Rapid Repairs program wrapping up in Queens

Photo by Karen Frantz

Broad Channel resident Robert Keith woke up the morning after Hurricane Sandy to find 6 feet of water in his home. The floodwaters reached so high that his boiler and electrical power box were submerged, knocking out his heat, hot water and electricity.

“I slept in my car to keep warm on very cold nights. I showered in the volunteer fire department,” he recalled.

But then, he said, “Rapid Repairs came in like army ants and locusts,” surveying every single house in the channel and restoring heat, electricity and hot water to many homes.

Rapid Repairs is a first-of-its-kind program that deploys contractors and skilled construction workers to make free, essential repairs to residences so people can live in their homes as they continue to rebuild after Sandy.

And at a news conference last Friday, Mayor Michael Bloomberg announced the program is nearing completion, having restored 20,000 residences and gotten 54,000 people back into their homes. Those figures represent more than 99 percent of all homes that signed up for the program.

“That is a remarkable achievement, one we expect will become a textbook case of innovation and a resource for an effective response to an unprecedented natural disaster,” he said at the conference at the Broad Channel American Legion, at 209 Cross Bay Blvd.

He said the program solved the problem of how to deploy a limited number of electricians, plumbers and other skilled workers, who can be difficult to schedule and expensive to hire.

“If everyone had to do it on their own, we wouldn’t remotely be in as good a situation as we are now,” he said.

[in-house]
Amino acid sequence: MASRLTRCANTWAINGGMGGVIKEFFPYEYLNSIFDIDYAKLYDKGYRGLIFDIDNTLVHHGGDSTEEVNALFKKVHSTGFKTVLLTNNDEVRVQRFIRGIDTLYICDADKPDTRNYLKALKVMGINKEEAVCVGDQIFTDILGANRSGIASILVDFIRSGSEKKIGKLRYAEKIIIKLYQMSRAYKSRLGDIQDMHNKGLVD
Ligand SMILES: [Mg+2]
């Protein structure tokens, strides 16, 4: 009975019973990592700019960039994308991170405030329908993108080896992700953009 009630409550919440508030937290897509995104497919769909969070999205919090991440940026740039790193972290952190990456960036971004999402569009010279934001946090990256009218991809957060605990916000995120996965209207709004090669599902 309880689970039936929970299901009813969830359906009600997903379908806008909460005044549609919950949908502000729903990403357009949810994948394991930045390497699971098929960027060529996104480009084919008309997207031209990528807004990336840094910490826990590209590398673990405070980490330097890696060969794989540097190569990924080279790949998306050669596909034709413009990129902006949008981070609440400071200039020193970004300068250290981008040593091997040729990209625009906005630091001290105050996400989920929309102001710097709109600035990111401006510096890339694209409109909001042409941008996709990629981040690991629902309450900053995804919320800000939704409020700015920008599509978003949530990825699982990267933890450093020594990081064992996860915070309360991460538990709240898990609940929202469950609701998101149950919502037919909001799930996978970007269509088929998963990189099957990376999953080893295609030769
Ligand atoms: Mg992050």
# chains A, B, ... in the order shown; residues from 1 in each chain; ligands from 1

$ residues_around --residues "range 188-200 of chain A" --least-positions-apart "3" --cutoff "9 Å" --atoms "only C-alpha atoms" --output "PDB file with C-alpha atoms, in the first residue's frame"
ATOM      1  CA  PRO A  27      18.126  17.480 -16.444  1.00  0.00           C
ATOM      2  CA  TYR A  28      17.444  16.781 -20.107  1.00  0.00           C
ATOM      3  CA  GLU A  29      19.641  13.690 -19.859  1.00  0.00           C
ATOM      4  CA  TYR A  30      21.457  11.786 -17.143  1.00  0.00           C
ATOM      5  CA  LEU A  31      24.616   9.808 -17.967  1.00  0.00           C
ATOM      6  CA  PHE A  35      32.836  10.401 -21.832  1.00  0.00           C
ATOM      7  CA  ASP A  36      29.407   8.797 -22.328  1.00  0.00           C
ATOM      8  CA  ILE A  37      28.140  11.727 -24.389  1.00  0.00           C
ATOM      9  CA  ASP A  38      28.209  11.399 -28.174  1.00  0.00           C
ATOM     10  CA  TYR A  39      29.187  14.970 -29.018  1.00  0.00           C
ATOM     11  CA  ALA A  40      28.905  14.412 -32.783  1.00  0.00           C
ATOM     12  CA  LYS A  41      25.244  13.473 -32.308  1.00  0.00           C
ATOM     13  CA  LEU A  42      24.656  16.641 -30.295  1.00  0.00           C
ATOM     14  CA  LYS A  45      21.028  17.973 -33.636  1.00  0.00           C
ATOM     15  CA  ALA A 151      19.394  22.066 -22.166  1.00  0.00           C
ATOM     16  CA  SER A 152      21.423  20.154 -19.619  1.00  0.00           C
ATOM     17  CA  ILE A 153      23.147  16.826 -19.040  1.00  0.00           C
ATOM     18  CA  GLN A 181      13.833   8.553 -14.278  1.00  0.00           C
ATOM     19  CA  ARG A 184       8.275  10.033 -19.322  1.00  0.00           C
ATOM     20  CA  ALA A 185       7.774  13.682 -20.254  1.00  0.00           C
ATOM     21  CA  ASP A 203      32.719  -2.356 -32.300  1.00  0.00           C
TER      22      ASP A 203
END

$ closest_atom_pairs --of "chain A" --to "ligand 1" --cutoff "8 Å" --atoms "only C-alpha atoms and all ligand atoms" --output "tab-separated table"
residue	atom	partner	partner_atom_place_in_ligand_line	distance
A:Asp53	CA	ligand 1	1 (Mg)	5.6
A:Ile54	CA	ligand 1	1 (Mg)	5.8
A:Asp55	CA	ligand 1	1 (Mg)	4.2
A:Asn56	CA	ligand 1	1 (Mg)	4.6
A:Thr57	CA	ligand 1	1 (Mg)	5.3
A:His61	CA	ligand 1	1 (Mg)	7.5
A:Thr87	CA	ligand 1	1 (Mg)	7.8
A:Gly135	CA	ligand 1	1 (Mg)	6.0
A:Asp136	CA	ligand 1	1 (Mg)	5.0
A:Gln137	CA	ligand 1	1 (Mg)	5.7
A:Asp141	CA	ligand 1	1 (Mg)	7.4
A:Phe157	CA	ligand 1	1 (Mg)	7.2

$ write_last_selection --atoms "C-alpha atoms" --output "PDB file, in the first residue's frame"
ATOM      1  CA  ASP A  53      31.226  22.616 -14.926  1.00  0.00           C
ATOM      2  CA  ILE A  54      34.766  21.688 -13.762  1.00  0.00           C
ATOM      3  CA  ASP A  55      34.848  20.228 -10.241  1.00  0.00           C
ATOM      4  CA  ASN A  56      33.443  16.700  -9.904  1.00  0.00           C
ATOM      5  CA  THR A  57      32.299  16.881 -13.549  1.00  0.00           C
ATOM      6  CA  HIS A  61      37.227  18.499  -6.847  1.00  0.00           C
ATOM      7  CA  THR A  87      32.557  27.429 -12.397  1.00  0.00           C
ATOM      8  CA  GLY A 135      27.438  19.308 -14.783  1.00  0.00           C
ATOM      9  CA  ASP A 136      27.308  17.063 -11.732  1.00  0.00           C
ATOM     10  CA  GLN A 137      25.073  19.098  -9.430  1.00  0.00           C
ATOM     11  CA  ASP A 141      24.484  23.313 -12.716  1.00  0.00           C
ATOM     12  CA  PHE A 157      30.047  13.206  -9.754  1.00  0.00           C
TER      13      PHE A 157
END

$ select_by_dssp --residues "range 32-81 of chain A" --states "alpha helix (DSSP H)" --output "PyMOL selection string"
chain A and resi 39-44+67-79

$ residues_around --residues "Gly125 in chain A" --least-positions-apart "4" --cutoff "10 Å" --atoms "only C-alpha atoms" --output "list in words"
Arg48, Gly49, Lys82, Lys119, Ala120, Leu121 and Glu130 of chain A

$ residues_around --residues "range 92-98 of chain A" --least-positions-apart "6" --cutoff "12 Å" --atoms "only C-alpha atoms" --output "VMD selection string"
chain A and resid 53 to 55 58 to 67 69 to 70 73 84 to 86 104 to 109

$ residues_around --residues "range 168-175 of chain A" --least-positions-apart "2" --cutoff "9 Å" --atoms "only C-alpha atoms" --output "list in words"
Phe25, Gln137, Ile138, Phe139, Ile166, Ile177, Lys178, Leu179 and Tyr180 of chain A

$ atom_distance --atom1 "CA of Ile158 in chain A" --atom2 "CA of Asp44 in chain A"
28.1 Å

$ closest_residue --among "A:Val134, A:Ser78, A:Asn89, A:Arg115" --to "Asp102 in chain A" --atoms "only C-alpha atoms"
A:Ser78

City Councilman Eric Ulrich (R-Ozone Park), whose district was hard-hit by the storm, said Rapid Repairs provided a tremendous cost savings for financially burdened residents.

“They lost their cars, they lost their homes, but they were still trying to keep their dignity,” he said. “And I think that the Rapid Repairs program really went a long way towards helping the people in this community keep their dignity, keep their homes, restore their lives and give them peace of mind knowing that everything eventually was going to be OK.”

Bloomberg said that with the program winding down, the city is moving to the next stage of recovery. The city released an action plan last Friday to spend $1.77 billion in federal aid to help residents and businesses recover. The plan, which can be found online at nyc.gov, will be open to public comments until April 4, after which it will be submitted to the federal government for approval.

In addition, Bloomberg said $10 million in private donations from the Mayor’s Fund to Advance New York will go to assist in minor, non-structural repairs to one- and two-family homes.

Reach reporter Karen Frantz by e-mail at kfrantz@cnglocal.com or by phone at 718-260-4538.

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